According to the Vegan Society, there are over 600,000 vegans in the UK. Last January, 135,000 people officially signed up to try Veganuary, a campaign that encouraged people to adopt Veganism for a month. If you or a family member have made the switch to a plant-based diet, or are considering doing so, a natural concern is likely to be: ‘how do I make sure I am getting all of the nutrition my body needs?’ Becoming a vegan can be a huge change in lifestyle. But what do you really cut out? What do you end up getting more of? And what are the common deficiencies you need to be aware of when becoming a vegan?
A Vegan Diet Can Be Really Healthy
The first thing to say is that following a plant-based diet can be just as healthy, if not healthier, than following a diet that is not just plant-based. It all depends on how balanced your diet is and the amounts of nutrients, vitamins and minerals you are taking in. A vegan diet which is high in sugar, saturated fat and salt can be just as unhealthy as any other diet! So what should you be eating for vegan nutrition?
What Are You Cutting Out?
Becoming a vegan can mean making the change overnight or a slower change, starting by swapping meals and ingredients to plant-based alternatives and building up to full veganism in time. However long it takes, the end goal is the same: to follow a lifestyle that avoids all animal products such as meat (including fish, shellfish and insects), dairy, eggs and honey, as well as products like leather and anything that is tested on animals.
What Will You Get More Of In Your Vegan Diet?
Well, you get what is says on the tin: plant-based products such as grains, fruits and vegetables! When less than a third of us not following a plant-based diet don’t regularly get our 5-a-day, following a plant-based diet is a great way to address this. This resource is a great pointer for what makes a balanced vegan diet.
What Are The Common Vegan Deficiencies?
There are a number of common deficiencies that those who criticise a vegan diet point out can lead to illnesses. The common vitamins and minerals that may be lacking in a vegan diet are:
It is just as easy to follow an unhealthy plant-based diet as it is an unhealthy non-plant-based diet! So what does an unhealthy vegan diet look like? In a nutshell, it is a diet that favours too much of a particular food group and as a result, does not give a person a broad range of the nutrients necessary to maintain optimal health.
For example, a plant-based diet that is high in sugar, processed foods, high saturated fat and salt is unbalanced. Equally, if you aren’t getting enough different grains, fruit and vegetables it will be unlikely you will get all of the vegan nutrients your body needs to function properly.
How Do You Avoid An Unbalanced Vegan Diet?
The typical nutrients that can be missing from a vegan diet can be substituted plant-based choices.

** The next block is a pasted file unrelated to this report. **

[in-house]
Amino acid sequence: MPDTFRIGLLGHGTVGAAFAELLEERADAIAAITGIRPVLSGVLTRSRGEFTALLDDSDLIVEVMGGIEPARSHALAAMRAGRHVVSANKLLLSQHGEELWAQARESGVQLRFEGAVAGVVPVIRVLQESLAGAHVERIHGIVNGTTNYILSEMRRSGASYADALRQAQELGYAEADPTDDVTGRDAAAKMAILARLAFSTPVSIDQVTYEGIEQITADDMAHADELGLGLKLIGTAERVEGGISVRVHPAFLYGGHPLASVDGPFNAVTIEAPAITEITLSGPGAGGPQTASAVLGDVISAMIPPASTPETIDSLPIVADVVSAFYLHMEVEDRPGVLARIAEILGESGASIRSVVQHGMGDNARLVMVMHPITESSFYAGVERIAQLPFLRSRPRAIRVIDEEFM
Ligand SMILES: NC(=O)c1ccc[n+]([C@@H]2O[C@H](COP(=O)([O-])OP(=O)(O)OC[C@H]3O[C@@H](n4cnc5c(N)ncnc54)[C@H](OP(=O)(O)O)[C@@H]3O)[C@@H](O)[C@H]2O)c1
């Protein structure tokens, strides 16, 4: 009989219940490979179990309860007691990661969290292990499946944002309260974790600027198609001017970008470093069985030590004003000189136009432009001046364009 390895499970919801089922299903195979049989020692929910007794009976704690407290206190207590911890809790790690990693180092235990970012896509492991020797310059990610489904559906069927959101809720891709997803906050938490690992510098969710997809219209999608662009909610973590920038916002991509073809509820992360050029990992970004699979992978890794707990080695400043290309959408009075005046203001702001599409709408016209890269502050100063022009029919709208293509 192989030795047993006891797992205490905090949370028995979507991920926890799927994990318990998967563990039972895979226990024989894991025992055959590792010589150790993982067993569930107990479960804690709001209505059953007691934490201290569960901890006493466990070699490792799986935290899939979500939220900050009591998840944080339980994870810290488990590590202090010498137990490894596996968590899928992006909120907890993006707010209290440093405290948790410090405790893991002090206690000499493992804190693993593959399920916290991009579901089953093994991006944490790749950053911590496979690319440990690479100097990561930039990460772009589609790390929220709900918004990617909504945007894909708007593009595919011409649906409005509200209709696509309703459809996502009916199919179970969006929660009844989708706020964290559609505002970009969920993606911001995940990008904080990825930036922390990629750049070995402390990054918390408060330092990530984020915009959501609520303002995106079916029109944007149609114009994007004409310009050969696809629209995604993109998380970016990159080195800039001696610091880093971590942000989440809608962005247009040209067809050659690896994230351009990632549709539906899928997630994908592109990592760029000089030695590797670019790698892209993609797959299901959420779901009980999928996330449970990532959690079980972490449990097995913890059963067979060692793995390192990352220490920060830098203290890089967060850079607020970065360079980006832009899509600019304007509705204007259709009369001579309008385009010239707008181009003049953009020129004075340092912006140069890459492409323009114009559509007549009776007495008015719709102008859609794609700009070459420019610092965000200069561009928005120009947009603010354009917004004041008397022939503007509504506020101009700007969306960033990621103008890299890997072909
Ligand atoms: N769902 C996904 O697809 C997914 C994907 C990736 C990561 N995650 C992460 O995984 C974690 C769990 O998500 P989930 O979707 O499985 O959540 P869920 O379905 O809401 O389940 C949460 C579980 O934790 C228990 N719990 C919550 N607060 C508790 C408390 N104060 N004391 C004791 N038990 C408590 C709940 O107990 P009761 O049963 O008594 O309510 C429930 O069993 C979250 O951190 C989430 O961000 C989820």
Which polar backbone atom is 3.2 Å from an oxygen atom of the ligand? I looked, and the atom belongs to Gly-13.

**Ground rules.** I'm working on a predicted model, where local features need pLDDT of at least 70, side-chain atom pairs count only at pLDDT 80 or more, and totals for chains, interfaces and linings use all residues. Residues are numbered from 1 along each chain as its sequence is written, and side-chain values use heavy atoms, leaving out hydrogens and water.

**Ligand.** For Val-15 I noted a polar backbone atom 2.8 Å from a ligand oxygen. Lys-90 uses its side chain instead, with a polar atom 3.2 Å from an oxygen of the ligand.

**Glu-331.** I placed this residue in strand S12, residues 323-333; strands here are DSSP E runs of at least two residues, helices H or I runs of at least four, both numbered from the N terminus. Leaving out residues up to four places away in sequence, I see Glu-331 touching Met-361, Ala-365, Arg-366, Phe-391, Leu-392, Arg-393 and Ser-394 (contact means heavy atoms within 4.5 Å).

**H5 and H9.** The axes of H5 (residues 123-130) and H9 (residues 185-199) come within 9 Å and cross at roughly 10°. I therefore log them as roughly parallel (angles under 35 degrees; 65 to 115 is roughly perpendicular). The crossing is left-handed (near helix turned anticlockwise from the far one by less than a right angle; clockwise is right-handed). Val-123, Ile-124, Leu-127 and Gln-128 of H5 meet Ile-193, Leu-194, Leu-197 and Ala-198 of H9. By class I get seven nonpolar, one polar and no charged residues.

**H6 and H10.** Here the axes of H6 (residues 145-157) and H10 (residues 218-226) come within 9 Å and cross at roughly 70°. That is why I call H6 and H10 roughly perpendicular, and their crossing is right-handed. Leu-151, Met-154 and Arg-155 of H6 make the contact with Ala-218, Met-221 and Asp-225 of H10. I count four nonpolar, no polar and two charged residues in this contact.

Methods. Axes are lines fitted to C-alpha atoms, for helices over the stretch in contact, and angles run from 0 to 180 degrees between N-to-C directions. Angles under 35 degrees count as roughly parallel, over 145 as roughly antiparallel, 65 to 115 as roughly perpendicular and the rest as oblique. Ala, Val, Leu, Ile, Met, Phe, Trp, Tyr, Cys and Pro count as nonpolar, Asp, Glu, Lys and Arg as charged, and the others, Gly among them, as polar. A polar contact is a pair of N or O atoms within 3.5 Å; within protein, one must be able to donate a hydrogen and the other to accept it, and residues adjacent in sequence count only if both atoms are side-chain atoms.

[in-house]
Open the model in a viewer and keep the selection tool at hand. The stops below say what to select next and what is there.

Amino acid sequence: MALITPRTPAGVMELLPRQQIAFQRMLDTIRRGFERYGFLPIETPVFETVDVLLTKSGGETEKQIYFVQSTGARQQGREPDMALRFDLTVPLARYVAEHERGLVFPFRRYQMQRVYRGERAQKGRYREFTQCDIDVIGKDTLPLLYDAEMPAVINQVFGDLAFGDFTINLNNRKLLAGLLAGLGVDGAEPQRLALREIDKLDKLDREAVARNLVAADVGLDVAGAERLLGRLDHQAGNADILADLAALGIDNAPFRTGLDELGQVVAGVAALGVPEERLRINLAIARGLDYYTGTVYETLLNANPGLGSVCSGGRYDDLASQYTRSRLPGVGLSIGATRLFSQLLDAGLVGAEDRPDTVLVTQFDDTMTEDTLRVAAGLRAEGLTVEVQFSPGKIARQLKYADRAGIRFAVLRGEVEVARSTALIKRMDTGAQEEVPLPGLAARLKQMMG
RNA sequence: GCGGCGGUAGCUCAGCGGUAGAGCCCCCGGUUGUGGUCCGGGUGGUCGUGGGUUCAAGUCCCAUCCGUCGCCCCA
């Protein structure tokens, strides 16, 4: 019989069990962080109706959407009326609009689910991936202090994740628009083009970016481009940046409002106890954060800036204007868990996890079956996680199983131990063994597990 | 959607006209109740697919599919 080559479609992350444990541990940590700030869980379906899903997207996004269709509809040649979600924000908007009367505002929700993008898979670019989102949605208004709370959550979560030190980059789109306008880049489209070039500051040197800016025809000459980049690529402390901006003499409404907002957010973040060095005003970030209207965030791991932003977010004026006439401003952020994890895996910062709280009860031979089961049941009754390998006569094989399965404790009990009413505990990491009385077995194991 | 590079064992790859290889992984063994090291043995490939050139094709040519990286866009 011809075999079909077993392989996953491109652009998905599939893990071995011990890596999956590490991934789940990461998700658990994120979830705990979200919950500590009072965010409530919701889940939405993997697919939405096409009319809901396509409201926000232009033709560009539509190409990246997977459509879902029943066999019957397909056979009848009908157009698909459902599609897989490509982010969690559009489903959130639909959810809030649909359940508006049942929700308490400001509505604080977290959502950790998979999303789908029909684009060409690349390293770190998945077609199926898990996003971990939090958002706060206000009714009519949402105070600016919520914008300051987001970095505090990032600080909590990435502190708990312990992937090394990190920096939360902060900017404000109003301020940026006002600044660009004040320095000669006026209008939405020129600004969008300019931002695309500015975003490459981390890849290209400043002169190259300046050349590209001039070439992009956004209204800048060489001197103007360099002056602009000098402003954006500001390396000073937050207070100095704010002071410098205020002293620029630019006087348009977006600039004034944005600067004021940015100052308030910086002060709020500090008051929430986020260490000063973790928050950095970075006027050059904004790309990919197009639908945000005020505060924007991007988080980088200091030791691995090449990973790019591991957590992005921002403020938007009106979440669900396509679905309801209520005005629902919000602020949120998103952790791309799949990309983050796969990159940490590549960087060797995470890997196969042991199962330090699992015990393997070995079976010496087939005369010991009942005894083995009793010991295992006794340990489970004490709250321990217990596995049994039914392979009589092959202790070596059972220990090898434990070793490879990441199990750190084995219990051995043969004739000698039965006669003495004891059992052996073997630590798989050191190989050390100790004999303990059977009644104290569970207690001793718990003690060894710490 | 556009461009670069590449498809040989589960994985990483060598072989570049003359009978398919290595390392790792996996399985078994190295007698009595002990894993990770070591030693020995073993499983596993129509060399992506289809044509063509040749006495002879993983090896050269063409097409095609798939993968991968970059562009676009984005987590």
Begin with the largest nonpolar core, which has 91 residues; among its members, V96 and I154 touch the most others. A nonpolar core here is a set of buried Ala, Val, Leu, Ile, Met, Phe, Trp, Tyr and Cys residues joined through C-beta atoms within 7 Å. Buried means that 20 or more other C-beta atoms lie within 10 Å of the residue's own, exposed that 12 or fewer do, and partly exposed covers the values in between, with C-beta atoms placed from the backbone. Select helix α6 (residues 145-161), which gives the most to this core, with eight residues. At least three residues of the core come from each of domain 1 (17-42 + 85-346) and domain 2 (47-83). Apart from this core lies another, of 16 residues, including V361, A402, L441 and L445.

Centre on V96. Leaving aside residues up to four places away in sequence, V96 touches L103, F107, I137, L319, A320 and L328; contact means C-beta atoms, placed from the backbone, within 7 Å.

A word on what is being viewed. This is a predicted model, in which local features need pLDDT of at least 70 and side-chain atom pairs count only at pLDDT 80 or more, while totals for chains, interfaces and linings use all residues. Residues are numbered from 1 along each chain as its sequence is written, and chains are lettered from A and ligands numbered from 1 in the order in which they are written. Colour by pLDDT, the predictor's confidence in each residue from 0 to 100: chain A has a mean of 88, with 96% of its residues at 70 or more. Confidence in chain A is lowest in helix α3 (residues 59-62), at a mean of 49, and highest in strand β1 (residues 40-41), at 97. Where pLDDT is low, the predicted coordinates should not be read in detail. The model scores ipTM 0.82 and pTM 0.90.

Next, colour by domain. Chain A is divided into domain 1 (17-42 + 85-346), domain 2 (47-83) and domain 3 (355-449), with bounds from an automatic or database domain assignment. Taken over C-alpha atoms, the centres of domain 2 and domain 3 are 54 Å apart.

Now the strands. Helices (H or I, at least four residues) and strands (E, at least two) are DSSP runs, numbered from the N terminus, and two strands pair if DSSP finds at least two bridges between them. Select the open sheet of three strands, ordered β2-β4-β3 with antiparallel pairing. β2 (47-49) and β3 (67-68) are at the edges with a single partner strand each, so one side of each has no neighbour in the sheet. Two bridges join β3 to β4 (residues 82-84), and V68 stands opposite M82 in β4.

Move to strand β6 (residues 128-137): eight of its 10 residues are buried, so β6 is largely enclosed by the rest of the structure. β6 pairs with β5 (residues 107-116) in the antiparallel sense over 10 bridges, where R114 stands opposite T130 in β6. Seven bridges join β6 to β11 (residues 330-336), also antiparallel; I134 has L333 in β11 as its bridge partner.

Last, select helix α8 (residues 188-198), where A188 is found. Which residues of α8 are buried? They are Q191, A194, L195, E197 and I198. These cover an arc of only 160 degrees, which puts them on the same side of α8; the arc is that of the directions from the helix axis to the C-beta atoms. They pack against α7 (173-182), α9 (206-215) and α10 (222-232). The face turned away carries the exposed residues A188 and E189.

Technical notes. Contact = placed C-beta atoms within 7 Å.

Protein: plant protein sources include all beans, lentils, chickpeas and milk alternatives
Omega-3: the Omega-3 you get from a vegan diet will be ALA - the kind the body has to covert to make useful, so a supplement containing DHA and EPA is essential.
Mostly Calcium: without drinking cows milk, there are a number of calcium-rich or fortified foods available
Vitamin B12: many vegans take a supplement to get enough of this vitamin
Vitamin D: most of us, regardless of diet, aren’t getting enough Vitamin D and are recommended to take a Vitamin D supplement.
Tips To Making Your Vegan Lifestyle Healthier:
Track your food intake: When life gets busy, it’s easy to forget what we’ve eaten in a day, let alone a week. The Vegan Society has a great free nutrition app for mobile devices: https://www.vegansociety.com/whats-new/blog/introducing-vnutrition You can also use apps like My Fitness Pal, which will give you an idea of the nutritional value of the foods you are eating and to assess over weeks and months what your regular nutrient intake has been. And the best part is this can be done with a click of a button.
Avoid too much processed foods: just like ready meals containing animal products, plant-based ready meals can also be full of additives, e-numbers and other processed ingredients. Where possible, try and avoid having too much of these products.
Prepare meals in bulk: if you have a busy week ahead, why not prepare a bulk of meals and portion them out in advance to freeze or use as needed? Tasty vegan curries, stews and chillies are all good meals to make in bulk.
Experiment with good recipes: recipes like those on Deliciously Ella’s page, are a great way to start experimenting with different vegan ingredients and more adventurous flavour combinations.
Consider taking a vegan supplement: if you are concerned that you aren’t getting enough essential nutrients through your diet, consider taking a supplement.
The Menu Choices For Vegans Is Increasing All The Time
Whether it’s choosing what to cook for tea or what to eat out at a restaurant, there has never been a better time to follow a plant-based diet in terms of choice. While vegans are still in the minority, there has been a significant increase in vegan markets, restaurants, cafes, menu options, cookbooks and grocery store aisle choices.
Making sure you understand how to get a balanced diet throughout your day will help ensure you don’t get illnesses from a lack of vegan nutrients. Following a vegan diet can help you get more nutrition than you had before, if you understand how a balanced vegan diet looks.